Based on Harwood’s original text, adapted and directed by Richard Eyre, the film tells the story of one fateful night, backstage in a small regional theatre during World War II, as a troupe of touring actors stage a production of Shakespeare’s King Lear.
The cast also includes Emily Watson as Her Ladyship, Sarah Lancashire as stage manager Madge and Edward Fox (who co-starred as Oxenby in the 1983 feature film adaptation of The Dresser) as company stalwart Thornton. The role of Oxenby in the new version is filled by Tom Brooke, alongside Vanessa Kirby as Irene.
“Bombs are falling, sirens are wailing, the curtain is up in an hour, but Sir (Hopkins) who is playing Lear (and is one of the last of a dying breed of great English actor-managers), is nowhere to be seen,” according to production notes. “As the company tries to decide what to do, Sir unexpectedly arrives at the theatre, disorientated and exhausted. A battle of wills ensues, as his long-suffering dresser Norman (McKellen), fiercely resists the insistence of the stage manager Madge (Lancashire) and Sir’s partner Her Ladyship (Watson) that the show be canceled, resolutely contending that Sir will be ready to go on.”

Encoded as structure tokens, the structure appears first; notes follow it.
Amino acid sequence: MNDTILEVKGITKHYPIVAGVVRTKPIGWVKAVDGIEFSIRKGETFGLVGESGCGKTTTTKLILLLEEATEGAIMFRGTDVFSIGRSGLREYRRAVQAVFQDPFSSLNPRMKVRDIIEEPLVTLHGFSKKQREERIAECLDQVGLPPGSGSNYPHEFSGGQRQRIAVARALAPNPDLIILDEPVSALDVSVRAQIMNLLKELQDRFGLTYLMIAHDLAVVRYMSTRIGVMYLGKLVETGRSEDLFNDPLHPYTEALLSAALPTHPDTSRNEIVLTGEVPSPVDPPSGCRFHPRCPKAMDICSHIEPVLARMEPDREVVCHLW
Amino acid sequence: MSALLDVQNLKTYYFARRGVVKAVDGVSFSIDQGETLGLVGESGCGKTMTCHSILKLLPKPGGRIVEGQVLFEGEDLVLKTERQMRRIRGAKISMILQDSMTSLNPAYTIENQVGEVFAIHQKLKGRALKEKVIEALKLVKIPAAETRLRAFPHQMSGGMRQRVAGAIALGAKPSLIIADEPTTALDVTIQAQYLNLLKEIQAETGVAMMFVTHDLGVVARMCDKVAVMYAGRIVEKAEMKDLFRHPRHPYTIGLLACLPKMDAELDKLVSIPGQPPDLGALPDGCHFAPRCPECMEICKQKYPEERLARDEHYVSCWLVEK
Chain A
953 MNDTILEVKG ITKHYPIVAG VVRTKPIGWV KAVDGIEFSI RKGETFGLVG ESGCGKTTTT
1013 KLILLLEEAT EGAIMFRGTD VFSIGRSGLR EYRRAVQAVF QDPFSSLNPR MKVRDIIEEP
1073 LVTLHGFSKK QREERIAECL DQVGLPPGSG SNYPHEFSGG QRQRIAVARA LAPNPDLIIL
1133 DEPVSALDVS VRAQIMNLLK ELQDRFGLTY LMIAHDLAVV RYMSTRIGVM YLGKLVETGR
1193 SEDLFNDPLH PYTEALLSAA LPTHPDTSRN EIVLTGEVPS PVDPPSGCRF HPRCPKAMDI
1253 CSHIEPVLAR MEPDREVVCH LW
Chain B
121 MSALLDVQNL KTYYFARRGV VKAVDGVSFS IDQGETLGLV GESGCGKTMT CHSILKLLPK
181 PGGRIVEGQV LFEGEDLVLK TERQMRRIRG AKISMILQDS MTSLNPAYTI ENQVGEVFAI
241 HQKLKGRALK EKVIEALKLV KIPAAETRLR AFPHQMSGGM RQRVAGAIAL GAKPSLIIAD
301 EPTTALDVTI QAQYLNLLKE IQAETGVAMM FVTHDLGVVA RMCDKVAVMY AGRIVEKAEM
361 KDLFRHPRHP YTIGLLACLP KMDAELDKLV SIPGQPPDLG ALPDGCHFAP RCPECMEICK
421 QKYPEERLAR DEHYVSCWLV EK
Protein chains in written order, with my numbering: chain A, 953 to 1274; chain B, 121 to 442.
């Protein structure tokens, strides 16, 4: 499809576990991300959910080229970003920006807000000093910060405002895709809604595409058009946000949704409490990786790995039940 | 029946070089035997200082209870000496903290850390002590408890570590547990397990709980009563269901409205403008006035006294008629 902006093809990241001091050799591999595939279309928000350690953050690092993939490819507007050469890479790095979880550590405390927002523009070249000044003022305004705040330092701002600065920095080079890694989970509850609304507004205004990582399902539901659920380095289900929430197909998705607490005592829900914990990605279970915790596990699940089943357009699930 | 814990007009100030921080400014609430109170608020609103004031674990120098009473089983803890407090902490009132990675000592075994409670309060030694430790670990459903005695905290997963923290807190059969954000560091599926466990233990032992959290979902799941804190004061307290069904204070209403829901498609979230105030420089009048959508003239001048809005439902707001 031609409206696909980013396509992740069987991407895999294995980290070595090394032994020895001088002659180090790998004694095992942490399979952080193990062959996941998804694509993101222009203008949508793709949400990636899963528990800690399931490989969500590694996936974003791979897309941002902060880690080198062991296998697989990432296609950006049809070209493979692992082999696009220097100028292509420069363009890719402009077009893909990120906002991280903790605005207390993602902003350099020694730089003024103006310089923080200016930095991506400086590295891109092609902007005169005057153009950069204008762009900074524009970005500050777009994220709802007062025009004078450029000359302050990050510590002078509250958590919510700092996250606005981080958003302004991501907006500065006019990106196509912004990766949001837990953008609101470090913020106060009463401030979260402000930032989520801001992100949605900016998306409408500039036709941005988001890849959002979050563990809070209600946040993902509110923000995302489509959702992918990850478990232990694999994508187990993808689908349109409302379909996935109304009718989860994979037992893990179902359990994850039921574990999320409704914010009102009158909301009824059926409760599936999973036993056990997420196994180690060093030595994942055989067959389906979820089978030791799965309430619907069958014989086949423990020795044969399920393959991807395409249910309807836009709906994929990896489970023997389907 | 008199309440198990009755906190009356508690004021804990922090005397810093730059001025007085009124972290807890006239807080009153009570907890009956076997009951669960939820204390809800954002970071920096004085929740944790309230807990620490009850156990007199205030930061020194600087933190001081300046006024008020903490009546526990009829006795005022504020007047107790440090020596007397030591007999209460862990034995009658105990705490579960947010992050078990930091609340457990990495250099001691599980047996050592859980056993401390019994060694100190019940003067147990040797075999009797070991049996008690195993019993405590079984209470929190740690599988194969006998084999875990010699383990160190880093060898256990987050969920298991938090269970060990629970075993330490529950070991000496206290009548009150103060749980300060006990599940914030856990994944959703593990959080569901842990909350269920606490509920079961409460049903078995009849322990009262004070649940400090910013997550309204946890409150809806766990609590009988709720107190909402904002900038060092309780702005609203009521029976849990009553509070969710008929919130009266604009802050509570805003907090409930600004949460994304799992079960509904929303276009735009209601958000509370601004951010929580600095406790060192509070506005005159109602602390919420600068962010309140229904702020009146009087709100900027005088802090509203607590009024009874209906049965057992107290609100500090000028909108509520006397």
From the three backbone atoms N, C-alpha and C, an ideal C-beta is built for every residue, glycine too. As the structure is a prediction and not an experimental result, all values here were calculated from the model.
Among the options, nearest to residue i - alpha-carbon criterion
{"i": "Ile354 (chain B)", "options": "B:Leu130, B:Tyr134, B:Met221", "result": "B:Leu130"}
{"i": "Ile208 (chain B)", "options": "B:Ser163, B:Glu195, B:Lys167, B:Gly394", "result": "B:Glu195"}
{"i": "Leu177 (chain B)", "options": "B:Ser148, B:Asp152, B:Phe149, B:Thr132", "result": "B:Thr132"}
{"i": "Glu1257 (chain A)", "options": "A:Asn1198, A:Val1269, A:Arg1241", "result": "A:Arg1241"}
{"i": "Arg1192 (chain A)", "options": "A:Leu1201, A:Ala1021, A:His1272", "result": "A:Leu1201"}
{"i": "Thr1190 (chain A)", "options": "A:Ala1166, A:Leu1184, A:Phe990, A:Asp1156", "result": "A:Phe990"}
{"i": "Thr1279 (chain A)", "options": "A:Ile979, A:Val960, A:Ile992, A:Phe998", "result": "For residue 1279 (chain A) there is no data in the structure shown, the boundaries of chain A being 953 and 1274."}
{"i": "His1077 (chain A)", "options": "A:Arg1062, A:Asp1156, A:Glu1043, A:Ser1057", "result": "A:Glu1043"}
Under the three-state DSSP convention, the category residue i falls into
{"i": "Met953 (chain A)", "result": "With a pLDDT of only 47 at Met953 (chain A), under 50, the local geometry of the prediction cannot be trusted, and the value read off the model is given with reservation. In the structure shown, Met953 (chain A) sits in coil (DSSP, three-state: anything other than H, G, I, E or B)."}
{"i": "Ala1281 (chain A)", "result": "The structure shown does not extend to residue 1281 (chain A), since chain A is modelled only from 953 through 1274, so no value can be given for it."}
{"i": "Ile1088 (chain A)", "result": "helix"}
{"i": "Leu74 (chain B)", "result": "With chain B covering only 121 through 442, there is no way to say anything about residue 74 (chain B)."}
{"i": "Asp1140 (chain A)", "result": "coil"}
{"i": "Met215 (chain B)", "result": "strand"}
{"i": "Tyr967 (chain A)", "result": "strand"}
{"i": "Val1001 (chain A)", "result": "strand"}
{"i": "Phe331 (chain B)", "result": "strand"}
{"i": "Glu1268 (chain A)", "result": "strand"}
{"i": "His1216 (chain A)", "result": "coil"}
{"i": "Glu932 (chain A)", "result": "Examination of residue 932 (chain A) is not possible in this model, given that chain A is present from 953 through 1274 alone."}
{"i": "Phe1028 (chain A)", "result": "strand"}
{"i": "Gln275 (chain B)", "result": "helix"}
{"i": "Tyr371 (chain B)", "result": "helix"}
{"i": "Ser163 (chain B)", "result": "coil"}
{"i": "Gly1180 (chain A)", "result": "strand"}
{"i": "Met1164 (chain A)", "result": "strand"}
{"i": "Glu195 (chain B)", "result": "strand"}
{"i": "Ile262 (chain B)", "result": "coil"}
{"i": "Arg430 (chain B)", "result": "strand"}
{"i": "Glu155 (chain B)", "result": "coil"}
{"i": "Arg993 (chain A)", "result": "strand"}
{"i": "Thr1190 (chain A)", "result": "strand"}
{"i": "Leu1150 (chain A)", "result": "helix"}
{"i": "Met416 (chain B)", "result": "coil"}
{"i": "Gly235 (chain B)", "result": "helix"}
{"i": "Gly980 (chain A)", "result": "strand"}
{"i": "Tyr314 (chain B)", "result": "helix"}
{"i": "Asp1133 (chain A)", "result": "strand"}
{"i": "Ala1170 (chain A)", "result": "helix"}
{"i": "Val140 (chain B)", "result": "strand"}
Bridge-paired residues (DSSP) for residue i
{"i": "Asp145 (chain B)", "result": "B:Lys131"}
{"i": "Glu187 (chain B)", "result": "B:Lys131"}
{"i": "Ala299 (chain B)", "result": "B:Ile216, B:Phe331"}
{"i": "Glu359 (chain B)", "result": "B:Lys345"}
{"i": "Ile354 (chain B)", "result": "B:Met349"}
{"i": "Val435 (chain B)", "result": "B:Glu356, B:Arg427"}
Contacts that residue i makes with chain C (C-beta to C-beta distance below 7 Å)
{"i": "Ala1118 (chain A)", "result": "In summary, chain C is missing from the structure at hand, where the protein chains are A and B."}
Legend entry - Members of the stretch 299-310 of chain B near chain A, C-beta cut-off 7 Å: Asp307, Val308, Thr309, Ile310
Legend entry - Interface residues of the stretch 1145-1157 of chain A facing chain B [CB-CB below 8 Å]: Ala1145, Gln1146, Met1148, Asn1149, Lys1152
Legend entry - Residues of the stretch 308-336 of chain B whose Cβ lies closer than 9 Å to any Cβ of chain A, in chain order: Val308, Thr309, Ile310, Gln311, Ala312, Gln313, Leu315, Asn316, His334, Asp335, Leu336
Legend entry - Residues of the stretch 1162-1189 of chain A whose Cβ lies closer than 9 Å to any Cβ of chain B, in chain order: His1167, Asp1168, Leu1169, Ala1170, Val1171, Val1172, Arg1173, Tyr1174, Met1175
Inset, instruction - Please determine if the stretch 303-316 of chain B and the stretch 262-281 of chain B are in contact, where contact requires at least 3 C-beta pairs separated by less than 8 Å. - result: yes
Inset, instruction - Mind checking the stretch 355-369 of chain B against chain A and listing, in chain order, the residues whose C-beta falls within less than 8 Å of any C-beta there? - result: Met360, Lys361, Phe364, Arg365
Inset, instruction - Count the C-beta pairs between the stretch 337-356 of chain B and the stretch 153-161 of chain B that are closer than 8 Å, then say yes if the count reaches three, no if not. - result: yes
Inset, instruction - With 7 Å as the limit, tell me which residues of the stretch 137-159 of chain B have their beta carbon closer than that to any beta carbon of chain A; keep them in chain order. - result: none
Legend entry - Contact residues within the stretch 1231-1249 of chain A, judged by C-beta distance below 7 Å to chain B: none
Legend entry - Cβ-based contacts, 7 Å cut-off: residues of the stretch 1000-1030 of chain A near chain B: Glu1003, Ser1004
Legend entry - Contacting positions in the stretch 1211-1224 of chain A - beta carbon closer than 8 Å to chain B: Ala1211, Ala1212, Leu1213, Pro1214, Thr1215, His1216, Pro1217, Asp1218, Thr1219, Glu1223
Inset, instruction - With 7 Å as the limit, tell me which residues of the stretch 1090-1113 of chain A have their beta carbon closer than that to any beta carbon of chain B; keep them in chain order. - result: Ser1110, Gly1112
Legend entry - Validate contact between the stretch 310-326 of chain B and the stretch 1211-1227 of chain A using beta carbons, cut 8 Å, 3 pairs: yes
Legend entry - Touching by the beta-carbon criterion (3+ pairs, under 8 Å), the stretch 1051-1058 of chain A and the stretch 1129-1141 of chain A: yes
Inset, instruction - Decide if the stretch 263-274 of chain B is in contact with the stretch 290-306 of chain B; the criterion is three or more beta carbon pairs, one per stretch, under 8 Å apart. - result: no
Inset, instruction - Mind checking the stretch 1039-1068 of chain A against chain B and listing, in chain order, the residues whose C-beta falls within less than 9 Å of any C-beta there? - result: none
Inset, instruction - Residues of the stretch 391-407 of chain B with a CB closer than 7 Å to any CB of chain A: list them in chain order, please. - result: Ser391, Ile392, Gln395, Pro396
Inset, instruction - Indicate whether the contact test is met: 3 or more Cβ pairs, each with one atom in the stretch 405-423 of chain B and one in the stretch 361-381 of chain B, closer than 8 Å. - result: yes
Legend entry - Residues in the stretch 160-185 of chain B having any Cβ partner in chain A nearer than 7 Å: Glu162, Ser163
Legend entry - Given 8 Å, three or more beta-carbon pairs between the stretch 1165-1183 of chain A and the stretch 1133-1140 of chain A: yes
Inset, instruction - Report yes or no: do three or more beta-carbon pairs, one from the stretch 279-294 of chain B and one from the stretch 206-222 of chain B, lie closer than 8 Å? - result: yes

The idea of the TV film came from executive producers Colin Callender and Sonia Friedman. Callender explains, “Sonia and I went to see Ronnie (Harwood), to say that we weren’t trying to re-make the wonderful Peter Yates film, but that we wanted to re-visit the days of Play for Today in England or Playhouse 90 in the US. The single drama was the staple of the genre in those early golden days of television, with many writers and directors coming from the theatre. In England, in particular, the genealogy of television drama is the stage and so it’s a joy to revisit that.”
The Dresser premiered on Broadway in 1981 starring Tom Courtenay and Paul Rogers. The 1983 film starred Albert Finney and Tom Courtenay.